This has a number of implications for two key areas which Paul Mason identified in his book Postcapitalism; climate change and the march of technology which is leading to zero-price products. As Mason cogently argues, both of these present an existential threat to the current economic system and what is needed is an urgent and radical plan for managing the transition to a new model. Trump’s position on climate change presents a danger on two fronts. Firstly he believes that climate change is an establishment hoax and intends to rip up current agreements. Secondly the autocratic nature of large investment potential means that urgent and significant resources may be denied to crucial areas of the green economy. As one simple example, consider the Middle East Sovereign Wealth Funds which are managed by members of the ruling elites with a direct interest in oil exports. Closer to home, Trump was photographed during the campaign with a placard saying Trump Digs Coal, implying the reopening of mines irrespective of whether that is for the collective good. Maybe the people of hurricane devastated New Orleans did not vote for Trump but a Mid-West turned into a barren dust bowl will do nothing for his supporters from that area.

The policy statements of Trump, including building walls along the border is regressive 20th Century politics played out on a 21st century stage. Trump has had nothing to say regarding the digital world. He can huff and puff all he likes about Trade Agreements but digital technology is transnational and the data mined from the internet is global in nature. Fail to recognize this means failing to tackle the major source of wealth distribution in the 21st century and it is doubtful whether he really understands the nature of the threat.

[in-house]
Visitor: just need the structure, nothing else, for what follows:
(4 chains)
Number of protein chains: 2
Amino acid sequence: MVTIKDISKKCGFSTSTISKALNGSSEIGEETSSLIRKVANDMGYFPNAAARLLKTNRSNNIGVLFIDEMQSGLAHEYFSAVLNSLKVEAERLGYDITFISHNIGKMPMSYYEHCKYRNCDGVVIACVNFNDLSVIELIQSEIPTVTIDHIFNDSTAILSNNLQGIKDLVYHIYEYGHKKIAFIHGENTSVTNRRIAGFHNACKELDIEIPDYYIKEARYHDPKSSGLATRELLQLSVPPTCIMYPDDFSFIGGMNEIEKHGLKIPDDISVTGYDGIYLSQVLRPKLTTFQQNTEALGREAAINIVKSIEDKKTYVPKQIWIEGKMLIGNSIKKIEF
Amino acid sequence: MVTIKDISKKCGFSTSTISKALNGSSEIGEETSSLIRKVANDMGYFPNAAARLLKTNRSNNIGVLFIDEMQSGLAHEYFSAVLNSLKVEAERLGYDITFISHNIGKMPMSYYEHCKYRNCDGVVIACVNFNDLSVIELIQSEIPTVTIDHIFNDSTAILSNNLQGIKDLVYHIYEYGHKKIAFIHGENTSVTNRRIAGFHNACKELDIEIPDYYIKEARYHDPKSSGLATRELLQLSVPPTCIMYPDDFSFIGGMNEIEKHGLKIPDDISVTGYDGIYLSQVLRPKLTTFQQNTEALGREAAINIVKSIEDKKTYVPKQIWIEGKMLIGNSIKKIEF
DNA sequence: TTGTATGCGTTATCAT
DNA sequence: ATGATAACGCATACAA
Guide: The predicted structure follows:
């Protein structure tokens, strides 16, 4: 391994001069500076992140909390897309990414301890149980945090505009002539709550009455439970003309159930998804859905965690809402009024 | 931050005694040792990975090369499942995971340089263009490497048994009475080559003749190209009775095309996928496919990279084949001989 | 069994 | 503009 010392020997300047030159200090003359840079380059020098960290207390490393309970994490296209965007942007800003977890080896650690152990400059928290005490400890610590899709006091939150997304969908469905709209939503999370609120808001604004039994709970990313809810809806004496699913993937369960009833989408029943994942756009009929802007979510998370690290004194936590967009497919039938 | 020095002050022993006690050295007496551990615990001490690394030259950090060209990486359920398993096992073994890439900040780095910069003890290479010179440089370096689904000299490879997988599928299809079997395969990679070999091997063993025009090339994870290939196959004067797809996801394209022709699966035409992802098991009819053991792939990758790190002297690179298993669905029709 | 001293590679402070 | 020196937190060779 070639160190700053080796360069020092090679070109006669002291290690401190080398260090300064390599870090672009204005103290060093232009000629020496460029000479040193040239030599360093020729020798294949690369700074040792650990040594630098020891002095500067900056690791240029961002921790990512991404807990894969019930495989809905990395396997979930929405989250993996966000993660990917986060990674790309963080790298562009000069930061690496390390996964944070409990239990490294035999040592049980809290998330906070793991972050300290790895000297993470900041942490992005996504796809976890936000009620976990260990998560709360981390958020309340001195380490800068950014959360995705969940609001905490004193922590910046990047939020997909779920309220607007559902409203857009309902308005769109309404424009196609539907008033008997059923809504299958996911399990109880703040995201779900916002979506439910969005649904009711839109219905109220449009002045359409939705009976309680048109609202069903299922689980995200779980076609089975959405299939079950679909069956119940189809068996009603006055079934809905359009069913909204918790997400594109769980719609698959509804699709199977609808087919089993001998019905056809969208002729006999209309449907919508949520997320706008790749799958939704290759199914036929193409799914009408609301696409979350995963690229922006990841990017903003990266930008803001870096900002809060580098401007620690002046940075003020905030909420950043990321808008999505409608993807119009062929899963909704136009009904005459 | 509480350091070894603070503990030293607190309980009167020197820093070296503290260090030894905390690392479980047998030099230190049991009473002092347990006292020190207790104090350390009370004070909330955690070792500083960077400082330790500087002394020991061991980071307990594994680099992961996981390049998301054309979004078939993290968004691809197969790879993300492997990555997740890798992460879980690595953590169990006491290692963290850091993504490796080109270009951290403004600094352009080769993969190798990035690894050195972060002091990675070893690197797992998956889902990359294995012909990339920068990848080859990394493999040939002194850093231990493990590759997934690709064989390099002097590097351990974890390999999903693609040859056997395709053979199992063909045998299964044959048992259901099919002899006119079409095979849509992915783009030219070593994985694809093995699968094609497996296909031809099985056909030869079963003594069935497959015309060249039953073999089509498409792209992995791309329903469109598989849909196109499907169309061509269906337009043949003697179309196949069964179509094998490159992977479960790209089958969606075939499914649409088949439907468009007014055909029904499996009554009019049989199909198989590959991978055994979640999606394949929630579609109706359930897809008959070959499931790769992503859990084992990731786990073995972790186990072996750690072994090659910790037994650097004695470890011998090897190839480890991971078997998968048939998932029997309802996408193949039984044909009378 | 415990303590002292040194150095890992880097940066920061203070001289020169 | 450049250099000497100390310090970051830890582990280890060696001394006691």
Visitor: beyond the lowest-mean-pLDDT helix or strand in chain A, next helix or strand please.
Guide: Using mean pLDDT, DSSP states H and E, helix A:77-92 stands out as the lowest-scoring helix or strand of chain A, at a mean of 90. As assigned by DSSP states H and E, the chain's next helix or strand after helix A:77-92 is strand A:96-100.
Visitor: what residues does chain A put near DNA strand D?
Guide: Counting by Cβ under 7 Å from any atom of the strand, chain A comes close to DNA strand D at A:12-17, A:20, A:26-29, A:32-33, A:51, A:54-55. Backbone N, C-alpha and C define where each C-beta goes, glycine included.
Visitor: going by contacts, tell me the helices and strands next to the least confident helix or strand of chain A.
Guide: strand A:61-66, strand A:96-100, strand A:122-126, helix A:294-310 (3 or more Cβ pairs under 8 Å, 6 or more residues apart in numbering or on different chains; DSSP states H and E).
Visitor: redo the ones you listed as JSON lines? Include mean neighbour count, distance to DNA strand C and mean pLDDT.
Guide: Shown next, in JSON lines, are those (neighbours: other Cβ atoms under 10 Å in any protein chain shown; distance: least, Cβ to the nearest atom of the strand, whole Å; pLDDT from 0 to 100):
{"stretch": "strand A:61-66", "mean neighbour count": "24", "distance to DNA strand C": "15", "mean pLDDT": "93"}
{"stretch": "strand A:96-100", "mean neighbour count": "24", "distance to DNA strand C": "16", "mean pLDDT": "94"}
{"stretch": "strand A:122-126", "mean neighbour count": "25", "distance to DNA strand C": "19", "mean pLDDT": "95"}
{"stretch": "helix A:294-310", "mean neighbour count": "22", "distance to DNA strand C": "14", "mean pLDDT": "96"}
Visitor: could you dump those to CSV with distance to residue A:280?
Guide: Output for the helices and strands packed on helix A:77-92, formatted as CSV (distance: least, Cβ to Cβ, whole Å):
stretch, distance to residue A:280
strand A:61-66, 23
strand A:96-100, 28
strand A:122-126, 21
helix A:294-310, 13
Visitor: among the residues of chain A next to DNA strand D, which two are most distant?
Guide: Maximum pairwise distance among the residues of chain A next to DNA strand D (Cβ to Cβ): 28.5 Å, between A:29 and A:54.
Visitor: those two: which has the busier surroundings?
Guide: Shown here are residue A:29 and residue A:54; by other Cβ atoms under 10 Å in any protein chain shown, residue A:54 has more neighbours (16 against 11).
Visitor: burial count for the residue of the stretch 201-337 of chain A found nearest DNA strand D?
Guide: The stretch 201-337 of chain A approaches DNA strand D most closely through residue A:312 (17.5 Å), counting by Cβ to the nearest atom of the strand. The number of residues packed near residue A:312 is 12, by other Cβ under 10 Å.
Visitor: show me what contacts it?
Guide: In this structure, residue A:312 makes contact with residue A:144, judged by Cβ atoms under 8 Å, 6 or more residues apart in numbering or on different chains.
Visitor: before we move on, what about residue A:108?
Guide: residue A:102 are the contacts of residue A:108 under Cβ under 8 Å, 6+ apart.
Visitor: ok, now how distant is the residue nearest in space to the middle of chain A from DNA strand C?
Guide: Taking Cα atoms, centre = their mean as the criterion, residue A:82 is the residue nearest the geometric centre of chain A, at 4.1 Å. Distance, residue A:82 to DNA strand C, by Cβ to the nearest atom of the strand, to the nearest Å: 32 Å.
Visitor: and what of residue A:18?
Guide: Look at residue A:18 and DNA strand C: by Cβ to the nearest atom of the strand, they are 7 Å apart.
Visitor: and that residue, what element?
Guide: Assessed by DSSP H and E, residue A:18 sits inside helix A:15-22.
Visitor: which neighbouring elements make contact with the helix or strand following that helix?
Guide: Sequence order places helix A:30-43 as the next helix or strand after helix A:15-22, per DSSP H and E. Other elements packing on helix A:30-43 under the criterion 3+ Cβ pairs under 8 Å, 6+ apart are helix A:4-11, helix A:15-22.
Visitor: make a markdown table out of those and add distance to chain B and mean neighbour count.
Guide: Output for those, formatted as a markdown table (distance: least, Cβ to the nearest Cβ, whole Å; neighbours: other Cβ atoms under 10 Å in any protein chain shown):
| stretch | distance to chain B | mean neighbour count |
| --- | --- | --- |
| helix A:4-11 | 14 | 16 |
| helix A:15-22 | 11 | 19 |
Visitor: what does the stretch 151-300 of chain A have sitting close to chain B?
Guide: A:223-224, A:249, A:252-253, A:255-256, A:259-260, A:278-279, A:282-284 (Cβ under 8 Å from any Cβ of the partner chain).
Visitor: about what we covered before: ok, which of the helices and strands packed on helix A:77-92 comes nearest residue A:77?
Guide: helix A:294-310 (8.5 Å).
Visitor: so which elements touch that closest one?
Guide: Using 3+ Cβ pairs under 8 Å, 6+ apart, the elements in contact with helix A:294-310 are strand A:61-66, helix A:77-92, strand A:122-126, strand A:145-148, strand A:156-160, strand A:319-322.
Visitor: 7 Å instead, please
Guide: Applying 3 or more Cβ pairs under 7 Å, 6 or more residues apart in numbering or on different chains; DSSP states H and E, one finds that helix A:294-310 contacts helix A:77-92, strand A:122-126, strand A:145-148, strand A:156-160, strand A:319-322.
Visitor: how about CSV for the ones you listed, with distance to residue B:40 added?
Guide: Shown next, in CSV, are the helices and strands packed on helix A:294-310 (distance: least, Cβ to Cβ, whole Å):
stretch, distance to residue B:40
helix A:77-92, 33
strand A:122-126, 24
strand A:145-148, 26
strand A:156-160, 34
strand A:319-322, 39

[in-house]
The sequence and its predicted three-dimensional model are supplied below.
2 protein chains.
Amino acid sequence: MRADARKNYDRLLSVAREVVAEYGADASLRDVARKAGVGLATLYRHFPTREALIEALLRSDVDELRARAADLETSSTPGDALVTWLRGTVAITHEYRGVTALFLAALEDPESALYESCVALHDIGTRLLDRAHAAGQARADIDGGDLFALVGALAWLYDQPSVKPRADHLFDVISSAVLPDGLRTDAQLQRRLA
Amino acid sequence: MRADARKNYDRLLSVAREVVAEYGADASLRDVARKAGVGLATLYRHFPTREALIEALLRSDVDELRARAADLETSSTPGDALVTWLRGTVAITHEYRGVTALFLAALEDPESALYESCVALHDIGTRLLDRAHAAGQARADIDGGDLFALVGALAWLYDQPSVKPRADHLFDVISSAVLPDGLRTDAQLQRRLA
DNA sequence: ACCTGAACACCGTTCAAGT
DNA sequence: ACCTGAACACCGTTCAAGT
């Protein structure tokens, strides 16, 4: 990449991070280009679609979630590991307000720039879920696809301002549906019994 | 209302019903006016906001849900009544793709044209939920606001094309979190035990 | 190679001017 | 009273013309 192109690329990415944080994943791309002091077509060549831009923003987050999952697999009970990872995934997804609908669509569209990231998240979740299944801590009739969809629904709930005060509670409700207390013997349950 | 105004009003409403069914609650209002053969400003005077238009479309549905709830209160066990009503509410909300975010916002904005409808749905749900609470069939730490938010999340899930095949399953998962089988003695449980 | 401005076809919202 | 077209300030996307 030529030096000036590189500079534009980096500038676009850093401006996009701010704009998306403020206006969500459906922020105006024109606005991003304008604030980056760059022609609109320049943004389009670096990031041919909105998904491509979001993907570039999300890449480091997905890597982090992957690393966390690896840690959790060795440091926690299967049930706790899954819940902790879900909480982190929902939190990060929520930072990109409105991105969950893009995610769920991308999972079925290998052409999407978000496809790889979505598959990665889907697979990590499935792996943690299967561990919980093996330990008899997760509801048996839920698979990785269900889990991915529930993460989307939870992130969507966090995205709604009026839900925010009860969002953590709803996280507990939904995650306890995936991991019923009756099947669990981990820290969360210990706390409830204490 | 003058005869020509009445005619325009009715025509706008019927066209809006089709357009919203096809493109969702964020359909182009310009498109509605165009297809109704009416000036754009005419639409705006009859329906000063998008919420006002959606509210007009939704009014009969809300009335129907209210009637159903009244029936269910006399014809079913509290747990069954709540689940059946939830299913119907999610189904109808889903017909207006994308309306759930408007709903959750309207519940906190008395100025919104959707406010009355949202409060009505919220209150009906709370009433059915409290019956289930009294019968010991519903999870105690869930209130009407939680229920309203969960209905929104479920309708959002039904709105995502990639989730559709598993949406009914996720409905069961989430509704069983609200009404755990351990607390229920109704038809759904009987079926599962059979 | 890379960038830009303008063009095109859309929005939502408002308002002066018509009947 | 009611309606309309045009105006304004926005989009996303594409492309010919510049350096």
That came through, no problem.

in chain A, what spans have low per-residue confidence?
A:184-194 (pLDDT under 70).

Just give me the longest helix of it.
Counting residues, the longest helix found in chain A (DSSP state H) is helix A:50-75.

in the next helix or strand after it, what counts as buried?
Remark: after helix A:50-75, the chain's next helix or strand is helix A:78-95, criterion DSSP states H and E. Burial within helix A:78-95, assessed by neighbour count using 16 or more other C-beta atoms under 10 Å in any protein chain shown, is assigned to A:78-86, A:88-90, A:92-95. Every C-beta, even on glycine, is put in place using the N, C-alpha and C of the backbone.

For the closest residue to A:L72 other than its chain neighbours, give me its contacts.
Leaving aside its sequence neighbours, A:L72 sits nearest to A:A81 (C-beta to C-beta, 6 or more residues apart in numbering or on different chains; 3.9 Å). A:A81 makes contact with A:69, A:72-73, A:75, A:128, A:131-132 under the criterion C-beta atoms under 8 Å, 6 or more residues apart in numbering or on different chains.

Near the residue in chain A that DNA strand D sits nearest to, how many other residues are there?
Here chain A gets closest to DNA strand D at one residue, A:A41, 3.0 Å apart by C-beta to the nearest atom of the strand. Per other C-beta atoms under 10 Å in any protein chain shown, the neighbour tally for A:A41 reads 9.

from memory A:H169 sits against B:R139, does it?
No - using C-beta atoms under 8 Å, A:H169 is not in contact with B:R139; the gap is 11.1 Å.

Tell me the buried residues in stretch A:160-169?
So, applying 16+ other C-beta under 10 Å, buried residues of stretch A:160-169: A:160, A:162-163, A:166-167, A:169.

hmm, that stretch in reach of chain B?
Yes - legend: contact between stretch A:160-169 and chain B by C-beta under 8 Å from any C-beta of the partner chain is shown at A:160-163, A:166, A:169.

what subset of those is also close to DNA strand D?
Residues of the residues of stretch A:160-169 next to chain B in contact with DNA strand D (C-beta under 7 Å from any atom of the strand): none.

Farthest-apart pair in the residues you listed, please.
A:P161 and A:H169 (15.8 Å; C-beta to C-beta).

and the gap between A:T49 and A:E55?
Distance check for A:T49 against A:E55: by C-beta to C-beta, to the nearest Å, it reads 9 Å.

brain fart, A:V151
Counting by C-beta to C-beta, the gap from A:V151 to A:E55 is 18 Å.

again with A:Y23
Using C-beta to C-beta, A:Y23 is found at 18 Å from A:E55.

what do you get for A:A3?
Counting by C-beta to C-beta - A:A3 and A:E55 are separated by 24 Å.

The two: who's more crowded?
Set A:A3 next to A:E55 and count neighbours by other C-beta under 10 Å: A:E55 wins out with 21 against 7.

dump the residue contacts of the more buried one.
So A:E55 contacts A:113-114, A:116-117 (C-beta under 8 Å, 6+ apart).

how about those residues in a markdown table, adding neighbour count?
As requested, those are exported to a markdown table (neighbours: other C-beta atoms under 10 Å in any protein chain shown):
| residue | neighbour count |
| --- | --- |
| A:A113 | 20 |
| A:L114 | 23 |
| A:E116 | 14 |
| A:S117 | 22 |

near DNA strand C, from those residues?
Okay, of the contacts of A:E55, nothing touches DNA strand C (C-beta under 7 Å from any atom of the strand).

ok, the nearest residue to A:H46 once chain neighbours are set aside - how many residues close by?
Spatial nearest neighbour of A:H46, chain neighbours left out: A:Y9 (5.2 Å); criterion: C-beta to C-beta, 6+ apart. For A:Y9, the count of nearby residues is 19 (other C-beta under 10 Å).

Finally, in these areas I have outlined it must be noted that the British Government is presenting policies equally as bad. The encouragement of fracking and the withdrawal of green funding for projects are two examples. Likewise the focus of the Governments Brexit trade push is on food, ridiculed in the Tea, Biscuits and Jam headline. While laudable, they are hardly getting to grips with the drivers of a 21st century transnational high-tech economy on which depends a prosperous future.

I completely understand the fact that Trump was a big rock hurled at the establishment by a disillusioned and fearful electorate. But the worry is that the rock will eventually rebound off the structure of contemporary economic and environmental reality. Trump’s steampunk politico-economic solutions may actually work for 4 years, but delaying the inevitable radical changes will only make the problem worse in the long term. Both the onset of climate change and the march of digital technology will not be delayed. But worryingly, the UK Government has no better plan for us.